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Emotion, rationality, and decision-making: How to link affective and social neuroscience with social theory

Verweij, M, Senior, TJ, Domínguez D., Juan F. and Turner, R 2015, Emotion, rationality, and decision-making: How to link affective and social neuroscience with social theory, Frontiers in Neuroscience, vol. 9, pp. 1-13, doi: 10.3389/fnins.2015.00332.

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Title Emotion, rationality, and decision-making: How to link affective and social neuroscience with social theory
Author(s) Verweij, M
Senior, TJ
Domínguez D., Juan F.ORCID iD for Domínguez D., Juan F. orcid.org/0000-0002-6715-1060
Turner, R
Journal name Frontiers in Neuroscience
Volume number 9
Article ID 332
Start page 1
End page 13
Total pages 13
Publisher Frontiers Media
Place of publication Lausanne, Switzerland
Publication date 2015-09-22
ISSN 1662-4548
1662-453X
Keyword(s) affective and social neuroscience
social and political theory
somatic marker hypothesis
plural rationality
Science & Technology
Life Sciences & Biomedicine
Neurosciences
Neurosciences & Neurology
PREFRONTAL CORTEX
NEURAL RESPONSES
NEUROECONOMICS
FEELINGS
CULTURE
SELF
REPRESENTATIONS
PARTICIPANTS
COGNITION
Summary In this paper, we argue for a stronger engagement between concepts in affective and social neuroscience on the one hand, and theories from the fields of anthropology, economics, political science, and sociology on the other. Affective and social neuroscience could provide an additional assessment of social theories. We argue that some of the most influential social theories of the last four decades-rational choice theory, behavioral economics, and post-structuralism-contain assumptions that are inconsistent with key findings in affective and social neuroscience. We also show that another approach from the social sciences-plural rationality theory-shows greater compatibility with these findings. We further claim that, in their turn, social theories can strengthen affective and social neuroscience. The former can provide more precise formulations of the social phenomena that neuroscientific models have targeted, can help neuroscientists who build these models become more aware of their social and cultural biases, and can even improve the models themselves. To illustrate, we show how plural rationality theory can be used to further specify and test the somatic marker hypothesis. Thus, we aim to accelerate the much-needed merger of social theories with affective and social neuroscience.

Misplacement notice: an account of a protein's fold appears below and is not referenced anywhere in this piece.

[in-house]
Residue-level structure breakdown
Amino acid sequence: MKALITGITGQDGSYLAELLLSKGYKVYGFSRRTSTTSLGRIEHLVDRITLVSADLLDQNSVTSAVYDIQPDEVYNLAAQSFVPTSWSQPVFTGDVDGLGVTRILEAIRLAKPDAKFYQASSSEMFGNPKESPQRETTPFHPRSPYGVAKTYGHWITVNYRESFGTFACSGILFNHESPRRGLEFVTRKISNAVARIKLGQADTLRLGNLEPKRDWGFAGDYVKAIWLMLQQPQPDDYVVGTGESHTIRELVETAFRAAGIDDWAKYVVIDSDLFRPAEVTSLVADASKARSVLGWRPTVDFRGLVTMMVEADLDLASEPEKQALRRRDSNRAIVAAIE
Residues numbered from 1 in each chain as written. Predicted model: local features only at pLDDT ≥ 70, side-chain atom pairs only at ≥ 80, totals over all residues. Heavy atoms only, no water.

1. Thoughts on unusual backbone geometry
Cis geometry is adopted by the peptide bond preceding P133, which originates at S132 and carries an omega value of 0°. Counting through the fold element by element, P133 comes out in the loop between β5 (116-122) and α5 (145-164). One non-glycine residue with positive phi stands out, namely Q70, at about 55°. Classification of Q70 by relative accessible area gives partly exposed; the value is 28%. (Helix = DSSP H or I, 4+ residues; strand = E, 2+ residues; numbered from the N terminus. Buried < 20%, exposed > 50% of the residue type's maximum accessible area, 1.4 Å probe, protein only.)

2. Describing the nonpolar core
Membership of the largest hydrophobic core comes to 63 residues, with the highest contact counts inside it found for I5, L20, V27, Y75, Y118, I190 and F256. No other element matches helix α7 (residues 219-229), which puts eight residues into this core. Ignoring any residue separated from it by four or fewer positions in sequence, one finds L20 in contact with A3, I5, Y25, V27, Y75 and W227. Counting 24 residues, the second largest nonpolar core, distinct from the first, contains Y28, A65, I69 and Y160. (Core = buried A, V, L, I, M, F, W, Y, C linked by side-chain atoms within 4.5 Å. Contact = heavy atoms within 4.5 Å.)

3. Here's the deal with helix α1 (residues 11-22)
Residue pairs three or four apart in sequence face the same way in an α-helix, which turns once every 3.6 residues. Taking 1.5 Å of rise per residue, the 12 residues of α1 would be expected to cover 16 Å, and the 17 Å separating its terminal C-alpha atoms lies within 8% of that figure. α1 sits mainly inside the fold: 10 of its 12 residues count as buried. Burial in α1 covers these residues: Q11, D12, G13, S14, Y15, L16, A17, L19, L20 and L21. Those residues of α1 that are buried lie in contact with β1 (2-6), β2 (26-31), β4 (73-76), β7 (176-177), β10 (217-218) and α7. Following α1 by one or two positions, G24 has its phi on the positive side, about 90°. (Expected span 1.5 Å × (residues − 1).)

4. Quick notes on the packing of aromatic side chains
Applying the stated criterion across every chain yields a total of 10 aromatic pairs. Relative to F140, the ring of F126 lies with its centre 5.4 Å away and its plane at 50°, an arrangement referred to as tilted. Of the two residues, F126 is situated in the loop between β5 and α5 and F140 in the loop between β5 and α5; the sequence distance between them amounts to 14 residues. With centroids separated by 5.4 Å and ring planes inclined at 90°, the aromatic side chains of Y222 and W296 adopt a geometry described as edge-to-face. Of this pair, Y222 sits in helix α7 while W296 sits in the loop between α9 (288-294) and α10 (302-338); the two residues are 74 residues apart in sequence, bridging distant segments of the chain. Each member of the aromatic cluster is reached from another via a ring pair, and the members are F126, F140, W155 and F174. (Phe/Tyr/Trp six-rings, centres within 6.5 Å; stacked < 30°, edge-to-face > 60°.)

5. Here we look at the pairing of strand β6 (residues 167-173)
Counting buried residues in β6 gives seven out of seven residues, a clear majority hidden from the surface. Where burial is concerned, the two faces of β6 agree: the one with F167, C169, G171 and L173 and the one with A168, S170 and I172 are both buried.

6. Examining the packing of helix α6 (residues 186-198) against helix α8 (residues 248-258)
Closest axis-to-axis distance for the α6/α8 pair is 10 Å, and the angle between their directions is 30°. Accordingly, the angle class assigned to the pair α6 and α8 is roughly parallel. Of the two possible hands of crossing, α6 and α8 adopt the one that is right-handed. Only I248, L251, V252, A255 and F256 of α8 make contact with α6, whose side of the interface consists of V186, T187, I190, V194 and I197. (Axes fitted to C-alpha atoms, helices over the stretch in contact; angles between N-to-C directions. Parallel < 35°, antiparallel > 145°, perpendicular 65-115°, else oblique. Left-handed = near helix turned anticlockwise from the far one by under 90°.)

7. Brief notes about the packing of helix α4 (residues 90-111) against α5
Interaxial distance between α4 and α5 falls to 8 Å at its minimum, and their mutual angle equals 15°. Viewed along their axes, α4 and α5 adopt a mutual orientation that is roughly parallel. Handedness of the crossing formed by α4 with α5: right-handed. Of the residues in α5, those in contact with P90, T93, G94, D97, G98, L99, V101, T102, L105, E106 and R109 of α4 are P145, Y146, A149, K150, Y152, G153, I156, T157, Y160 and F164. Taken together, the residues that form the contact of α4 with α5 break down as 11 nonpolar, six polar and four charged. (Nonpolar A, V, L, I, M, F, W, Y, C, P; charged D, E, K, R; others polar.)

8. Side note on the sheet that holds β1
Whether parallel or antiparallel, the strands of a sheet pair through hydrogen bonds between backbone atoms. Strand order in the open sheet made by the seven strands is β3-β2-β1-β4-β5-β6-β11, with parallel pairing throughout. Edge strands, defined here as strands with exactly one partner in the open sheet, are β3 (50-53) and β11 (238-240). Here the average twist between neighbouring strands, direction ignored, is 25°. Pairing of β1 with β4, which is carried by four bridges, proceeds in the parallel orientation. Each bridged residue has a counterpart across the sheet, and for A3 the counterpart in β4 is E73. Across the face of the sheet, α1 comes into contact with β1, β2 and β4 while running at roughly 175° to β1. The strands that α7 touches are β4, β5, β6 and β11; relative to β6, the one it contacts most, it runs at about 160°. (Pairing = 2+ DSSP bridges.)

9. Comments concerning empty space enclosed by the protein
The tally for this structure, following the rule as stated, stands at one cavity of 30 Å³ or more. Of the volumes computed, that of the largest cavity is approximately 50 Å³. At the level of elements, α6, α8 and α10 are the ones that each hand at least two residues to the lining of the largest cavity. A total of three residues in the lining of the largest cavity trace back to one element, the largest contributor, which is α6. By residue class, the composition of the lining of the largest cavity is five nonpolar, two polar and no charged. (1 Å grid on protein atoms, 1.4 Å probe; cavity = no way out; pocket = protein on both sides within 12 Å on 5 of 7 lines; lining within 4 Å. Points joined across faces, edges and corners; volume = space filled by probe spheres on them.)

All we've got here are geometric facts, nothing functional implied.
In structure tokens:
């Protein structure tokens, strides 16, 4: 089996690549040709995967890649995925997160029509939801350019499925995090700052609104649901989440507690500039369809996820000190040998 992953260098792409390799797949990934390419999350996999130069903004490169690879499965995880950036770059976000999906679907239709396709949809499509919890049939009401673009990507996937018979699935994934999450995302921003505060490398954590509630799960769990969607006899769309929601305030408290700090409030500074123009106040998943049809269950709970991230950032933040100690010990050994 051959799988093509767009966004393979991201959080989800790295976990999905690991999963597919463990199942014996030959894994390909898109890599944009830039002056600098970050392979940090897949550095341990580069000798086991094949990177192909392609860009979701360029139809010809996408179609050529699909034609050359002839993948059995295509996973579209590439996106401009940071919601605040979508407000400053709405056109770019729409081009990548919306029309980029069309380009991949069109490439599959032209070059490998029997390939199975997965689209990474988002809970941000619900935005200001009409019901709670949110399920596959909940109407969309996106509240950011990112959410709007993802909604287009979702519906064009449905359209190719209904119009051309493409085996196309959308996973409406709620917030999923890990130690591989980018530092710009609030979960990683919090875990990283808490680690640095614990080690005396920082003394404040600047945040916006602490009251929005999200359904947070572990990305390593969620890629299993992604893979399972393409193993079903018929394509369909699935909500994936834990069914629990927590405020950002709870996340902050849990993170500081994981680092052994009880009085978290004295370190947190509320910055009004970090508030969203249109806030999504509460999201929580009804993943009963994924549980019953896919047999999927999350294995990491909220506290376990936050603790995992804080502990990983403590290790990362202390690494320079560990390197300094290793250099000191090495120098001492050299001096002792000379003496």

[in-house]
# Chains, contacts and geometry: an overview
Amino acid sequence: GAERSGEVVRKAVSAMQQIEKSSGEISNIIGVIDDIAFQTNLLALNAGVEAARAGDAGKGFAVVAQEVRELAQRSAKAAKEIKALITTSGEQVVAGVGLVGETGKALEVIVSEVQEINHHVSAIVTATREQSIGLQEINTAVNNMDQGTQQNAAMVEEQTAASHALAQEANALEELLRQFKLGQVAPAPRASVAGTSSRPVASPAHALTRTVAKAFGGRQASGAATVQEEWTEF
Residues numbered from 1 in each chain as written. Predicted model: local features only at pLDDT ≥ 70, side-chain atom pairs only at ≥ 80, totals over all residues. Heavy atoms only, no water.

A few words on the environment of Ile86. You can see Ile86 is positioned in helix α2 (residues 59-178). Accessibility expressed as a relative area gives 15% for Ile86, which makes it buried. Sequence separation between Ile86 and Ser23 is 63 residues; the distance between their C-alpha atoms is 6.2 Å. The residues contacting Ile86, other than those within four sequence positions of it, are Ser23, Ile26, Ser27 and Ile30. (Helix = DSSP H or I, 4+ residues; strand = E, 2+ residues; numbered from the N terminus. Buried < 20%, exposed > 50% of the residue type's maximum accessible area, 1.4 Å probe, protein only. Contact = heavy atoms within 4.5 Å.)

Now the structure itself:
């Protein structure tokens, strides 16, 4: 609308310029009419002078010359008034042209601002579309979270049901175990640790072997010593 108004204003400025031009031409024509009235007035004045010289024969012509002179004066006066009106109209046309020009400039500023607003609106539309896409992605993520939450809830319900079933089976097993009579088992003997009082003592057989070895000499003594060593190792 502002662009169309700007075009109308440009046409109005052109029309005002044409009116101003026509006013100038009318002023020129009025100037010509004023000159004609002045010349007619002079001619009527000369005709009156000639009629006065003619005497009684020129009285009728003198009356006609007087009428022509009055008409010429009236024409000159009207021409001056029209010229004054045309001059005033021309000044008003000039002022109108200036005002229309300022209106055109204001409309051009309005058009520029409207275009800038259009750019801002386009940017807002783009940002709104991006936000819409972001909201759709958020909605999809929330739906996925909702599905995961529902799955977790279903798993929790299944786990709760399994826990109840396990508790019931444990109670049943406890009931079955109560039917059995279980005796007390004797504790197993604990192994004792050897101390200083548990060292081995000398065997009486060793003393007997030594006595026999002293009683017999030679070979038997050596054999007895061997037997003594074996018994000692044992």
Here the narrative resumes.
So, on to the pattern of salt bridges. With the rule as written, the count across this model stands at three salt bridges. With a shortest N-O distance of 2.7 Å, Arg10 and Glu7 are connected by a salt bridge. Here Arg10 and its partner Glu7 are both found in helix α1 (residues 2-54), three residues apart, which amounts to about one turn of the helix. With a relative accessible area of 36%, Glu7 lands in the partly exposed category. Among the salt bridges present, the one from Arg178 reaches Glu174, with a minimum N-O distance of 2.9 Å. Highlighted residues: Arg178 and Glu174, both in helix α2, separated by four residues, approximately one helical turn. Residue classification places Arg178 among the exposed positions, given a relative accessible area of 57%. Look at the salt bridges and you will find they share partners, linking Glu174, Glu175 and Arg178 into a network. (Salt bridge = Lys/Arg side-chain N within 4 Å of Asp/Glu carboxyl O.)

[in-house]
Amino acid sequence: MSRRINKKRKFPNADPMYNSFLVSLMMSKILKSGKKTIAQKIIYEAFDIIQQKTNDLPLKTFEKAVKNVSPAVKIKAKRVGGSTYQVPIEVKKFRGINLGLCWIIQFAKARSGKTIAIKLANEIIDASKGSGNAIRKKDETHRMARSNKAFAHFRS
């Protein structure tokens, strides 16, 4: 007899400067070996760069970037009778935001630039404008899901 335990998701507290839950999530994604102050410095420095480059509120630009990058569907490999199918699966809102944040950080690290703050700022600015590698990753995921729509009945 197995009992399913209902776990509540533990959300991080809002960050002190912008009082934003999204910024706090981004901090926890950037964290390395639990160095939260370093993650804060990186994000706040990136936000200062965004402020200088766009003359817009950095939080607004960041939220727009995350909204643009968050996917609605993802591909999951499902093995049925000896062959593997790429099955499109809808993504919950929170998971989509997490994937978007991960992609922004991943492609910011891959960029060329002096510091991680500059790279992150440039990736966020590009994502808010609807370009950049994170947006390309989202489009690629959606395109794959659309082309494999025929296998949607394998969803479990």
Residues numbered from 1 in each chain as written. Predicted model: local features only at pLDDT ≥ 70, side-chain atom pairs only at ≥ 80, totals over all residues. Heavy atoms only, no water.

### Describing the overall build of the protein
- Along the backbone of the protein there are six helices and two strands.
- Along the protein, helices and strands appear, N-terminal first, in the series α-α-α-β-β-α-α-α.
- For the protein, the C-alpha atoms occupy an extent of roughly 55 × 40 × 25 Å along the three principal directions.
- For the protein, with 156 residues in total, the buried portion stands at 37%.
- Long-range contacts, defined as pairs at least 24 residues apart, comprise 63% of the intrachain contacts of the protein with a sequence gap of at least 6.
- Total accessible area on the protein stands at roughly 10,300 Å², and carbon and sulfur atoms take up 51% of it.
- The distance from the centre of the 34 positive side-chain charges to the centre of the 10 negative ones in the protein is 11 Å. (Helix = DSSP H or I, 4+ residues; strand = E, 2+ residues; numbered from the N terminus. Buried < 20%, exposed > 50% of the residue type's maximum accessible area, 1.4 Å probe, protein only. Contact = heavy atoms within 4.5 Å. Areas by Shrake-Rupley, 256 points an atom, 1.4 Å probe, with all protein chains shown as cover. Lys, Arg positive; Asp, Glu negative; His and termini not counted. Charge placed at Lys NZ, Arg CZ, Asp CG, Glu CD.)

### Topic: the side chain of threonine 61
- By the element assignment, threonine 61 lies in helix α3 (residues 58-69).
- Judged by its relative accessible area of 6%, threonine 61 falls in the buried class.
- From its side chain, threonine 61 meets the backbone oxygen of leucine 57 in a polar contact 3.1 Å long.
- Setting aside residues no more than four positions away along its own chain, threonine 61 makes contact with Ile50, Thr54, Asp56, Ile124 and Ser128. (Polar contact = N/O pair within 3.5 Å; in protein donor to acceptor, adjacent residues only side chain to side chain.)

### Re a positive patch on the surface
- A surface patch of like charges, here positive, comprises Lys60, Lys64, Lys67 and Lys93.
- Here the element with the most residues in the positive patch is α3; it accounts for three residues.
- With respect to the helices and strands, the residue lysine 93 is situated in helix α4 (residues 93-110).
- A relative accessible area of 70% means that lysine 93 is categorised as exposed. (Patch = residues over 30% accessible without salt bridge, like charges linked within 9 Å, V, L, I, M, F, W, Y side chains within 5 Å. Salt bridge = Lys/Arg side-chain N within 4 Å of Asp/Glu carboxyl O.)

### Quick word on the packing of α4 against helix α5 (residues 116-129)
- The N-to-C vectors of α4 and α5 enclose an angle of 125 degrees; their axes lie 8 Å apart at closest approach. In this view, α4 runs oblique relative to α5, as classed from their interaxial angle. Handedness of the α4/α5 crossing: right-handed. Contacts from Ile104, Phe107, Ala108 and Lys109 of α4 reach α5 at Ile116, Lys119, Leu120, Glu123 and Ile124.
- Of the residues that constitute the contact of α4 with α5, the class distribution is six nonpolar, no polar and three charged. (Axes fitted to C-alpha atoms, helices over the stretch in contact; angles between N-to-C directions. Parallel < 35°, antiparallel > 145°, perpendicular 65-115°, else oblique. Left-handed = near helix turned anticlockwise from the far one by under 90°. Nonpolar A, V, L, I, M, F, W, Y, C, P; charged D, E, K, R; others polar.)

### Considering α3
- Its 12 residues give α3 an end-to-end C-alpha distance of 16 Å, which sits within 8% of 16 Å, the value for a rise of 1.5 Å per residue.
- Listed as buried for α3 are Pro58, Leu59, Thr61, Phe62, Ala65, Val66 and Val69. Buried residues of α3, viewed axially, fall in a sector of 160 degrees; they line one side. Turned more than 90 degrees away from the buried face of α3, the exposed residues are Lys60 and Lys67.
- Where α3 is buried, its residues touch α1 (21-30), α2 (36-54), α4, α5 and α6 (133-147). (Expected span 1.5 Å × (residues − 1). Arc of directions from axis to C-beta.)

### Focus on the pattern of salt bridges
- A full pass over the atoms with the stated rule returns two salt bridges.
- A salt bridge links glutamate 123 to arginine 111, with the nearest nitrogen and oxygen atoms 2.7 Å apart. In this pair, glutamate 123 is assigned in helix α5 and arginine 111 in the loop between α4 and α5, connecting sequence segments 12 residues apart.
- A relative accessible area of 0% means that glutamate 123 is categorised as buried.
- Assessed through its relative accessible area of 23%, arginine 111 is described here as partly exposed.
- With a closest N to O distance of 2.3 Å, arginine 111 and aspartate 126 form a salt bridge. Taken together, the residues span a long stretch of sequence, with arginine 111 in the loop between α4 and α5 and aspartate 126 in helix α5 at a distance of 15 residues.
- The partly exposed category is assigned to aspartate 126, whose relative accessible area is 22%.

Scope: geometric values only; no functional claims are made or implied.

Language eng
DOI 10.3389/fnins.2015.00332
Indigenous content off
Field of Research 1109 Neurosciences
1701 Psychology
1702 Cognitive Sciences
HERDC Research category C1 Refereed article in a scholarly journal
Copyright notice ©2015 Verweij, Senior, Domínguez D. and Turner
Free to Read? Yes
Use Rights Creative Commons Attribution licence
Persistent URL http://hdl.handle.net/10536/DRO/DU:30133955

Document type: Journal Article
Collections: Faculty of Health
School of Psychology
Open Access Collection
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Every reasonable effort has been made to ensure that permission has been obtained for items included in DRO. If you believe that your rights have been infringed by this repository, please contact drosupport@deakin.edu.au.